Muse's '2nd Law' a shining example of the musical eclectic
Published: Tuesday, January 22, 2013
Updated: Tuesday, January 22, 2013 09:01
On September 28, 2012, English alternative rock band Muse released their album 2nd Law. With the rising popularity of the band’s new single, “Madness,” and their recent performances on shows like Saturday Night Live, Muse is quickly taking over the American music scene.
The sixth studio album release from the trio was to be “something radically different” from their previous albums, according to bassist Christopher Wolstenholme in an interview with UK magazine Karrang!
With the varying blend of genres, radically different it is.
Muse is famous for its capacity to experiment, its musical precision, its emphasis on the instrumental and powerful bass lines. These elements are still evident in Muse’s newest album, but they seem to have toned down the long, drawn-out instrumental solos. Their new songs are markedly more lyrical than previous others, without sacrificing the musical expertise their fans have come to know and love.
The first song, “Supremacy,” kicks the album off strong with amazing orchestration and a bass line that commands attention. Lead singer, Matthew Bellamy, establishes a vocal supremacy through displays of his range and volume. Drummer, Dominic Howard’s use of military-style snare gives the impression the band is starting a march toward some undisclosed enemy location.
“Madness” is their number one single from 2nd Law. With influences from Queen and David Bowie, one would think they were listening to an ‘80’s rock station when they hear it on the radio.
Next is “Panic Situation.” It starts off funky-fresh, giving Wolstenholme a great opportunity to show off his bass skills. The funk-style is reminiscent of Red Hot Chili Peppers’ early days. If you buy the explicit version of the album, this is the song that made it that way. Apparently, one use of F-word in one song warrants the warning label.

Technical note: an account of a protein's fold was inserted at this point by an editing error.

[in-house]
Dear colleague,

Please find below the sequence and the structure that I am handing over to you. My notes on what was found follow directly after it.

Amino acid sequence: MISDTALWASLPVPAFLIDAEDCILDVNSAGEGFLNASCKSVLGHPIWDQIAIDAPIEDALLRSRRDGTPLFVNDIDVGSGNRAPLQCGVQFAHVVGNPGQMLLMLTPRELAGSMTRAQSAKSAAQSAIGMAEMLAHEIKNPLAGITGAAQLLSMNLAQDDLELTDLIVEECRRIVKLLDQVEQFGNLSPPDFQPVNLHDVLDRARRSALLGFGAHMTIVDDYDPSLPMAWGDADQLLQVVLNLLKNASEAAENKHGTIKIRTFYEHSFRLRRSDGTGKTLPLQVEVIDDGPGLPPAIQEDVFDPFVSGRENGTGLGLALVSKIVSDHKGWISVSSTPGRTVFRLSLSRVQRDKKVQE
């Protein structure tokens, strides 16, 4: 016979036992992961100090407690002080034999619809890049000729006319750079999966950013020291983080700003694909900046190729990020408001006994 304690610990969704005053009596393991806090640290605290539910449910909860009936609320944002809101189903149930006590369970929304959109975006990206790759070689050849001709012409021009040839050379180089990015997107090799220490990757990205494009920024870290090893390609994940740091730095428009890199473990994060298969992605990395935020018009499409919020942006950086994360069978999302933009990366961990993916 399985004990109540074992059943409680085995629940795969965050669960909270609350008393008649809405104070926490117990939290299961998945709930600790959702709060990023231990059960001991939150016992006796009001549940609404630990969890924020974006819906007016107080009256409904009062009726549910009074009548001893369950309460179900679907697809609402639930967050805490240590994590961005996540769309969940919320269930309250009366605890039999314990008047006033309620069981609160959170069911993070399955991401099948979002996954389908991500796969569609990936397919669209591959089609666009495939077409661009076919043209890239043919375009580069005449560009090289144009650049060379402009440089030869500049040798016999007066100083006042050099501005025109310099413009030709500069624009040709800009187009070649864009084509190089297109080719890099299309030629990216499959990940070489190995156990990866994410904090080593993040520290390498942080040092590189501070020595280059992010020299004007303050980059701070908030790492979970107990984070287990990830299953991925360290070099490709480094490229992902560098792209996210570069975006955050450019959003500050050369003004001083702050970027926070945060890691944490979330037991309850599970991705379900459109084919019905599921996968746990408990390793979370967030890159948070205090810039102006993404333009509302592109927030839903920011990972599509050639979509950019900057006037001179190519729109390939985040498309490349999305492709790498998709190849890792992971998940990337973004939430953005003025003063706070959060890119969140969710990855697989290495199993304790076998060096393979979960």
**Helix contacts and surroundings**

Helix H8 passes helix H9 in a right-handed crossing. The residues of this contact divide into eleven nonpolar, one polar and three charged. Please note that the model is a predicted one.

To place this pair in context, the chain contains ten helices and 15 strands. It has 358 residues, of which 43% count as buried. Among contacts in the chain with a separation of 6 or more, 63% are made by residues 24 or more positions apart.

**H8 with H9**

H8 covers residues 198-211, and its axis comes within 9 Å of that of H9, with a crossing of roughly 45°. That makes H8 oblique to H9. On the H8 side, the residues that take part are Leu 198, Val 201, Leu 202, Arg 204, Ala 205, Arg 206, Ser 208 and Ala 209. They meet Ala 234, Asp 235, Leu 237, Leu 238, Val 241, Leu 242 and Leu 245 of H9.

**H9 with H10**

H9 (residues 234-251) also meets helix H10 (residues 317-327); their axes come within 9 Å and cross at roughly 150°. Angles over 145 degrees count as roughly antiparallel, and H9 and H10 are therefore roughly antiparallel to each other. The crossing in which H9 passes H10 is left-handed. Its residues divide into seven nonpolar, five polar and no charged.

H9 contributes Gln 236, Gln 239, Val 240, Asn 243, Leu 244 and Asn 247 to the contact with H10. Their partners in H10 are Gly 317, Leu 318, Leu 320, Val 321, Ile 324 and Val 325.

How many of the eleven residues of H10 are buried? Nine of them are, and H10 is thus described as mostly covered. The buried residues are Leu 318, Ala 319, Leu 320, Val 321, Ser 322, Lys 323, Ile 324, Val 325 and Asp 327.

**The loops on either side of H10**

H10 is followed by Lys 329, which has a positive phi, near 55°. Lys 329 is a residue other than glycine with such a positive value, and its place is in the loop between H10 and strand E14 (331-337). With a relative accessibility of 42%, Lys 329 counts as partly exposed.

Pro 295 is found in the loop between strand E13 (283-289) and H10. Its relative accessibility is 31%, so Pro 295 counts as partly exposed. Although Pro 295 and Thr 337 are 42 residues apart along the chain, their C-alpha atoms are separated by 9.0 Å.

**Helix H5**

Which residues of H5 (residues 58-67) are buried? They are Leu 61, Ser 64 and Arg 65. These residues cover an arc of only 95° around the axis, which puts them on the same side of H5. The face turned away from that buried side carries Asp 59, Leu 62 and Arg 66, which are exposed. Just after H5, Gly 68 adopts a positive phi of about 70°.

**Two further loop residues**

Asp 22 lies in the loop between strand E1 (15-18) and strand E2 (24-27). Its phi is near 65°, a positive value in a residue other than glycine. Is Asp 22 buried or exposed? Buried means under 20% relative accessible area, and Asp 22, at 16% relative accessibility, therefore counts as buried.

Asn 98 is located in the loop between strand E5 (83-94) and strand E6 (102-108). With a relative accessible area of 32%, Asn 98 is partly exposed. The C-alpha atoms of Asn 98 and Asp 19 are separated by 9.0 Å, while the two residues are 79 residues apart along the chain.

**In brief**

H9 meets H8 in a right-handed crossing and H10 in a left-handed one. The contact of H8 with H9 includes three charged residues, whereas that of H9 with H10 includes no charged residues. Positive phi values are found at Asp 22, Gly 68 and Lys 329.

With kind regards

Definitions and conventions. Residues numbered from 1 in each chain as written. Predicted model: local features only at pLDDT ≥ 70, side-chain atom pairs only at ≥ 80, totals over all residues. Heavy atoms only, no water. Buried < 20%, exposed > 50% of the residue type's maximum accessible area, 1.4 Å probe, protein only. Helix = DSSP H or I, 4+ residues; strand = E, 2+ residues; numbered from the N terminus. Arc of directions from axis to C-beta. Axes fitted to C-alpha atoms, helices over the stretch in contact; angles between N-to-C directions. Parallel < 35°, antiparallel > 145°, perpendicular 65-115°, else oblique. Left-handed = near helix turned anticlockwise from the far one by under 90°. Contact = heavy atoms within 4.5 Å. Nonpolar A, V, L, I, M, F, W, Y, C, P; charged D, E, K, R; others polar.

After a short orchestral prelude, the song “Survival” begins with vocal “ah-ahs.” Captivating from the start, the empowering lyrics and uplifting instrumentation made this a shoe-in to be the official song of the 2012 London Olympics.
After “Survival” are several well-done compositions that give a refreshing positive interlude before the final songs.
They’re more typical of alternative rock with a few layers of electronica and rock ballad. These are great songs, but don’t seem to stand out on their own as much. That is, until the final two.
2nd Law is named for the second law of thermodynamics, which essentially defines a concept known as entropy and is stated as, in all energy exchanges, if no energy enters or leaves the system, the potential energy of the state will always be less than that of the initial state.
The second law of thermodynamics is a central theme in the final songs of the record, a two-part pair titled after the album. The first part, “2nd Law: Unsustainable”, is the band’s attempt at Skrillex-style dubstep, and they did a mighty-fine job. To add to the musical talent the band demonstrates, Muse reportedly did not use a synthesizer in the production of the song.
“2nd Law: Isolated System,” the second part of the final song, has more of a calming effect in contrast to the first part. It rests on a steady piano melody, string orchestra accompaniment and several sound bites. “Isolated System,” though musically soothing, foreshadows a quickening of pace through the sound bites Muse uses.
All in all, the album 2nd Law contains 12 songs and a short prelude, none of which I would call poorly written or composed. Muse stepped it up for their transformative expose’, reassuring their fans that old dogs can learn new tricks.